If the writer truly needs help, he can get it. I would not let a stack of forms keep me from getting the help I need. This country does take care of its veterans.
The writer should become part of the largest veterans organization in the world, the one primarily responsible for the creation of the GI Bill of Rights: the American Legion.
First the mall, now the theater ("18-screen theater complex to shut by summer's end," June 10).
I see in my future a $2 movie rental, a bag of microwave popcorn, and a soda in the comfort of my living room. It's certainly cheaper than going four miles to another theater.
Going to the movies in this economy was one thing a lot of people could afford. The Maumee theater is a good place to go. I will miss it.
It's a lot of political crap that President Obama is going to kick somebody over the gulf oil spill ("'Cap' over spill is capturing 11,000 barrels per day," June 8). A scapegoat will be found and we will have a trial that will run through a few news cycles.
There will always be an executive or supervisor willing to use a loophole to avoid the spirit of a rule. Though there is a genuine effort to be safe, the greedy and ambitious will always find a way to circumvent rules. It's human nature. Horrible accidents will always happen.
Politicians under pressure to tow the party line and special-interest lobbying with seemingly limitless amounts of money will make it impossible to keep proper regulations for industries that, in a blink of a eye, cause major pollution.
Now imagine having weeks of uncontrolled release of nuclear material instead of this terrible oil spill.
If you think this is unimaginable, think about Chernobyl, Three Mile Island, and Davis-Besse.
My condolences to the families and friends of the people killed in the recent tornadoes ("Survivors recount ordeal of escaping brutal winds," June 7). The coverage by Toledo's television stations helped to save many lives.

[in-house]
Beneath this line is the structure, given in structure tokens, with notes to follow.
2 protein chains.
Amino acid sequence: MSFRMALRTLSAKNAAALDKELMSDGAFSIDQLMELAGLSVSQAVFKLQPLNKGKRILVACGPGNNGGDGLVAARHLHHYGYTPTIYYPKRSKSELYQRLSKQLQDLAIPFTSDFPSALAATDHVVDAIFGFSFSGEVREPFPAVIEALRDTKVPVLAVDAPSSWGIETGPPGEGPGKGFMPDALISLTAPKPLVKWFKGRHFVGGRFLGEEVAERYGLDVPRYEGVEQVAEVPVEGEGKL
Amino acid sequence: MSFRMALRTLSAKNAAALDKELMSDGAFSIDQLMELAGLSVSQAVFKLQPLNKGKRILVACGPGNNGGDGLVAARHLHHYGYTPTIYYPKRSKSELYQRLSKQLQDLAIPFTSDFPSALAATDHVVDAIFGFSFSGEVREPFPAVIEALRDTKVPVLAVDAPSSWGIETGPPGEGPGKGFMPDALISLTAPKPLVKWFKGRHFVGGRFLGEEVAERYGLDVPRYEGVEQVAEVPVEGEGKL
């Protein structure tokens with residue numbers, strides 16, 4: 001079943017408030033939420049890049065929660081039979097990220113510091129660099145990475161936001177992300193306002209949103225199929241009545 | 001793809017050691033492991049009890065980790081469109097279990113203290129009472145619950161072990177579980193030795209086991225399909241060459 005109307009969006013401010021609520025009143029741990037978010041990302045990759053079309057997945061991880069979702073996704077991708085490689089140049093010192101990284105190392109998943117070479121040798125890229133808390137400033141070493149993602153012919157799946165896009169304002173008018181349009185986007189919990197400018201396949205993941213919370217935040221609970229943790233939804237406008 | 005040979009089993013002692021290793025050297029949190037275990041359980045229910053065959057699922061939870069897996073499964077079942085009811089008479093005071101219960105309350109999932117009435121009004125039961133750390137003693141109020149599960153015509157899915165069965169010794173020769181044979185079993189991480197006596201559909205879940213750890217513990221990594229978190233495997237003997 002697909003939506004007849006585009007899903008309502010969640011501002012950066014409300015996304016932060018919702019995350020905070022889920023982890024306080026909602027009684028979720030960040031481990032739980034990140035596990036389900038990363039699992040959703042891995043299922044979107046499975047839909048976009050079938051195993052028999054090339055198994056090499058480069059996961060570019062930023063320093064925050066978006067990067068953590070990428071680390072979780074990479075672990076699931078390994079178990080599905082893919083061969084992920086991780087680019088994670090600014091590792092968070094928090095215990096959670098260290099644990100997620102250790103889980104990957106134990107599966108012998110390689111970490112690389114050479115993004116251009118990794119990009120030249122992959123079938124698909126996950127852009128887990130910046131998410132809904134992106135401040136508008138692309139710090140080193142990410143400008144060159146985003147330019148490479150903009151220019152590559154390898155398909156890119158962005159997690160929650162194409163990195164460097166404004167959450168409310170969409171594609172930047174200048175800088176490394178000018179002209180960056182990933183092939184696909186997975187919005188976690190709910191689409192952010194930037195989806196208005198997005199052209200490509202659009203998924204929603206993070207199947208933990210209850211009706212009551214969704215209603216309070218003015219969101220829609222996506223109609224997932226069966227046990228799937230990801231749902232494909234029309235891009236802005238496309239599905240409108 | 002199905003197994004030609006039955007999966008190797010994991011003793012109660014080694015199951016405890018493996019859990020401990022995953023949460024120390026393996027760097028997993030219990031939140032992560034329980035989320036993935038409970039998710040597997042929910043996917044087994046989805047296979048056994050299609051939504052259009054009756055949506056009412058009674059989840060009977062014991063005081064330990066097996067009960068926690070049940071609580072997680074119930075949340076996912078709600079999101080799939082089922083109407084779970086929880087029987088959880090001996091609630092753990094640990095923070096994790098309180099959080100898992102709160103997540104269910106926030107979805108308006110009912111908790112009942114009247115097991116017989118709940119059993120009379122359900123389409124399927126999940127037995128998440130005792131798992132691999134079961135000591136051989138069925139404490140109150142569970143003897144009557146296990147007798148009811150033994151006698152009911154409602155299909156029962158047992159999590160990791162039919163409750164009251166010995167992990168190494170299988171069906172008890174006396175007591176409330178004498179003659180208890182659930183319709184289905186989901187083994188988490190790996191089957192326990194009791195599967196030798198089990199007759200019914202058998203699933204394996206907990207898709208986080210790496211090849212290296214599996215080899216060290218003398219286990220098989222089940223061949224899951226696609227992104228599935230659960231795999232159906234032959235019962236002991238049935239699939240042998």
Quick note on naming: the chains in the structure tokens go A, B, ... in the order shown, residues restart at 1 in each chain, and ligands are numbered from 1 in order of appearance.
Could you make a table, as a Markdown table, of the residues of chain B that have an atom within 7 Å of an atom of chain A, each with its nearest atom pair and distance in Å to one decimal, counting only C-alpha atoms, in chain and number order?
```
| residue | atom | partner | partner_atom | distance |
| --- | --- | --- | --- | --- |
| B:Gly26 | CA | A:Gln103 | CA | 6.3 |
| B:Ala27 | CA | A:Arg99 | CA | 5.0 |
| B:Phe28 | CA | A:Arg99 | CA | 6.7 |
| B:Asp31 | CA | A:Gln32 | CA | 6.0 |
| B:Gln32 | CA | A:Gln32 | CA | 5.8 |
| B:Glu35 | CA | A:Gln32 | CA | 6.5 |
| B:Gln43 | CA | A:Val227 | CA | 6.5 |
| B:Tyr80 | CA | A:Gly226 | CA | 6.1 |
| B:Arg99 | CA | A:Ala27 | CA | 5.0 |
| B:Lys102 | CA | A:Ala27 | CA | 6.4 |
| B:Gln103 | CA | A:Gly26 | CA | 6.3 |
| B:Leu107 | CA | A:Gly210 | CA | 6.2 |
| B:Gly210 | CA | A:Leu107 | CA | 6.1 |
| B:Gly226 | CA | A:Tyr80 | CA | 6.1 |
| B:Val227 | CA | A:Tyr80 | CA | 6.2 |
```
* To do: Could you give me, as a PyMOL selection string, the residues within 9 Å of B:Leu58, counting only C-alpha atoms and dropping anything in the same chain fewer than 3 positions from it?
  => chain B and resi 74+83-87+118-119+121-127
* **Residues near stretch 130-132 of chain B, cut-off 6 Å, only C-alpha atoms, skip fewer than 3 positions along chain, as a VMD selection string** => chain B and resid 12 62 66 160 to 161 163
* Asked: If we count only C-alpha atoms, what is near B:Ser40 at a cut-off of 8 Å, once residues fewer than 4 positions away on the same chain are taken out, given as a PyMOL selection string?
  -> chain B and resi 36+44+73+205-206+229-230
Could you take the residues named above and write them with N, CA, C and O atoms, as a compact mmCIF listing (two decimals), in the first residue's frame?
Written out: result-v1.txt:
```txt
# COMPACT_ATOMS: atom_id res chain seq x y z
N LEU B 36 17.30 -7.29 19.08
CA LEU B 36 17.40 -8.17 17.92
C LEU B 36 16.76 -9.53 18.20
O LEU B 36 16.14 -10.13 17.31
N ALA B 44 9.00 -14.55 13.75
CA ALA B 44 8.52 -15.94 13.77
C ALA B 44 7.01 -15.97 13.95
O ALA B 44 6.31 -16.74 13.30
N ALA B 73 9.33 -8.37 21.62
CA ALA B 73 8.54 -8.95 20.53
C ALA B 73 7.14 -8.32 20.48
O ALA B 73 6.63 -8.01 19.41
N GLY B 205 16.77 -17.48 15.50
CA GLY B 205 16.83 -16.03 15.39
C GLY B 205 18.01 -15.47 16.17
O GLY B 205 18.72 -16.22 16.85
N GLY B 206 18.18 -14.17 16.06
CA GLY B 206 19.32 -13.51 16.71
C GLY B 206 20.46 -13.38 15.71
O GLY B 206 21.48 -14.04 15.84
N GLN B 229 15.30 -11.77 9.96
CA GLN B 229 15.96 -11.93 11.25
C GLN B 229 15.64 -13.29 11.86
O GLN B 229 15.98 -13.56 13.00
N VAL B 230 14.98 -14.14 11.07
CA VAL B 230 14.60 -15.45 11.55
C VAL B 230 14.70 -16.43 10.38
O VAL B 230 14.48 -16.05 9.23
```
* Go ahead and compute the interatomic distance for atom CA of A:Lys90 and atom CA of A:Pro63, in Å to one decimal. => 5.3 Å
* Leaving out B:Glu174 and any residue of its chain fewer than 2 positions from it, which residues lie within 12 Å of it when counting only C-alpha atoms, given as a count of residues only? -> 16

More sirens must be installed, so people in every part of the region can hear them. They are life-savers.
So Marilou Johanek still holds Helen Thomas in "great esteem" ("Despite her gaffe, Helen Thomas is still revered," op-ed column, June 9).
Just what does an anti-Semitic, bigoted liberal have to do to lose Ms. Johanek's high regard? Turn conservative?
Apparently Ohio Department of Natural Resources officials have nothing more pressing to do than make Toledo police Sgt. Mark Fry's life miserable because he didn't let a helpless animal die ("Officer rescues fawn, but ends up in trouble," June 5).
ODNR, where have you been? Massive fish kills have been going on at a local power plant for years. Do you go after poachers with the same relentless fervor with which you are pursuing Sergeant Fry?
In Ohio, animal abusers get a slap on the wrist. A blind eye is turned to animal abuses on factory farms.
Is it just easier to pick on a citizen trying to do a good deed?
It sounds as if the moral of this story is that it is wrong to show compassion to another living creature.